J – “ЖП” The Bulgarian Railways: Might be rustic but many times they give you a great perspective of the country, passing through narrow gorges like Iskar River Defile or high mountain passes like Yundola. The trains make good connections with the rest of the Balkan countries: Turkey, Greece, Romania, and Serbia.
K – Kukeri Carnival: The country’s best kept pagan tradition for scaring away the evil spirits. It is the local winter version of Halloween J with the only difference that noise is bigger and the costumes heavier (iron bells and sheep fir used for dressing). Kukeri carnival can be well combined with a skiing or snowshoeing holiday in Rila or Pirin Mountains.
L – Land of 500 Hot Springs: Bulgaria can offer a great deal of thermal swimming pools, SPA centers, and balneology resorts. Definitely the best combination is winter snow walking and hot waters in Rodopi Mountains, just try it!
M – Monasteries and churches: Bulgaria’s image wouldn’t be complete without the 150 well preserved colorful monasteries. Some of them offer comfortable facilities for overnight stays. Rila Monastery is known worldwide, and is the most visited one. In each of three largest Bulgarian monasteries (Rila, Bachkovo and Troyan) are kept miracle icons of the Virgin Mary. Painted churches can be seen in every corner of the country. Must see are the churches in Sofia, Plovdiv, Arbanassi, Ivanovo and Nessebar.
N –No or Yes: It is another challenge you might come across while strolling in Bulgaria. When it’s up to communicating with the locals have in mind that shaking head from side to side means Yes and nodding is No, it sounds complicated but think twice before shaking your head J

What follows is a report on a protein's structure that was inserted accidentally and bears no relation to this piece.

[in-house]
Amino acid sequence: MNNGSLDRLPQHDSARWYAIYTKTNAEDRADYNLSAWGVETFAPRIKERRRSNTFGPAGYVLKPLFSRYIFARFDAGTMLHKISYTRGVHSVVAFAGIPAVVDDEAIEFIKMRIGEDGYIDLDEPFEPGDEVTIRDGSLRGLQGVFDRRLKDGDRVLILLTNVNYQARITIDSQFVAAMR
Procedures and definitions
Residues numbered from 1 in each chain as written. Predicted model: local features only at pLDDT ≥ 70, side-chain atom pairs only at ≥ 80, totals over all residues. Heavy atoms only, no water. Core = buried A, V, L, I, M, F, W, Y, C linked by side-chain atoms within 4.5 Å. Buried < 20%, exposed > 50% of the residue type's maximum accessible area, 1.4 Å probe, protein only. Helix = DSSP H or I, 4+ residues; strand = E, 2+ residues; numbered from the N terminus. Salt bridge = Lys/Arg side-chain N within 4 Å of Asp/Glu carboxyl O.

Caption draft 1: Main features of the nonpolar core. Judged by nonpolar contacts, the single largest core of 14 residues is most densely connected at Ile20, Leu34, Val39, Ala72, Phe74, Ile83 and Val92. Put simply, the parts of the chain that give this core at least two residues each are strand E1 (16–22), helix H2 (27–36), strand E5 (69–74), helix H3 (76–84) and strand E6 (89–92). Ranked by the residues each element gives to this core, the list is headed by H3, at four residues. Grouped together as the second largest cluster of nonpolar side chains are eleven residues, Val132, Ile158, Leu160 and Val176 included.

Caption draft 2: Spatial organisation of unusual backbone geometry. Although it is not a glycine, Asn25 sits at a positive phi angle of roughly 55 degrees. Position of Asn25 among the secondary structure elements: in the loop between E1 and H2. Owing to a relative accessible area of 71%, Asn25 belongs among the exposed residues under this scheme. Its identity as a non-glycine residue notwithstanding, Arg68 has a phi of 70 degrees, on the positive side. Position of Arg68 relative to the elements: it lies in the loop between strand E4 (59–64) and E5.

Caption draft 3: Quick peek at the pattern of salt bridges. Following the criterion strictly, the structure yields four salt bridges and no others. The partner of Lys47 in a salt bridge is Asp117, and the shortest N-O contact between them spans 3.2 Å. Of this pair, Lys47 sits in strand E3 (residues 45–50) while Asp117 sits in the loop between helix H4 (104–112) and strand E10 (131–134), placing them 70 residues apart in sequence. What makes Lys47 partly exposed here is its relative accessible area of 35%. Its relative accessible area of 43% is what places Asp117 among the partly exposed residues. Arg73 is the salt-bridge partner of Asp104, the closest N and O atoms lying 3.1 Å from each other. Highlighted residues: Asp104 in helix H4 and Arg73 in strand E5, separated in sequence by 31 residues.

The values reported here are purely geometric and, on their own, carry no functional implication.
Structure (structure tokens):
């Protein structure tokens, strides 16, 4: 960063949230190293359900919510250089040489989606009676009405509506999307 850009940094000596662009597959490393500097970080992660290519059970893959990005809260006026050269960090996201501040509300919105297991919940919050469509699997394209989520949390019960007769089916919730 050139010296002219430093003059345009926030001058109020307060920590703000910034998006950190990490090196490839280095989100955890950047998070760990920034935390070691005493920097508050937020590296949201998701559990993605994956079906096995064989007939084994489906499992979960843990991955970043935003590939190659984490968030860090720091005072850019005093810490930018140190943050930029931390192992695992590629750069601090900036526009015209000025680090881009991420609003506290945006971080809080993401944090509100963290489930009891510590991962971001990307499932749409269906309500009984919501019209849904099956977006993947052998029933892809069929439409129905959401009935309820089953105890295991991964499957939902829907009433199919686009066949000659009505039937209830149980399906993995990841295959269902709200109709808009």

O – Orpheus, the Land of Orpheus: thus is known the magical Rhodopi Mountains. If you are looking for wildlife, vast forests, huge lakes and gourmet for your family this is your top destination in Bulgaria. There you can try out kayaking and biking around Beglika Lake or hiking through remote Central Rhodopi villages with pristine views.
P – Pagan Roots: Bulgarian culture and customs still contain elements of Bulgaria’s pre-Christian roots. In March famous are the kukeri festivals, which have Thracian roots. The locals dress in animal-like costumes and wear colourful masks. Each March 1st, Bulgarians exchange martenitza, red and white yarn “charms”. They are symbols of the coming spring. In May one can see the nestinari fire dance in South-east Bulgaria.
R – Rose oil: Bulgarian scholars presume that Ottoman Turks introduced the cultivation of the Damask Rose on the Balkans. The climate in the area of Kazanlak proved to be more favorable than the one in other parts of the Empire. From then on the region is known as the Valley of Roses. In 17th century after the invention of the double and multiple distillations, Bulgarian rose oil made a name for its superior quality. This essence is exported for the needs of the perfumery industry.
S – Strandja Black Sea Coastal Mountains: the most adventurous way to get from Bulgaria to Turkey is definitely by cycling and camping through Strandja Mountains and the Black Sea coastline. The ecosystem of Strandja Mountain (century old forest, flora) is of great value.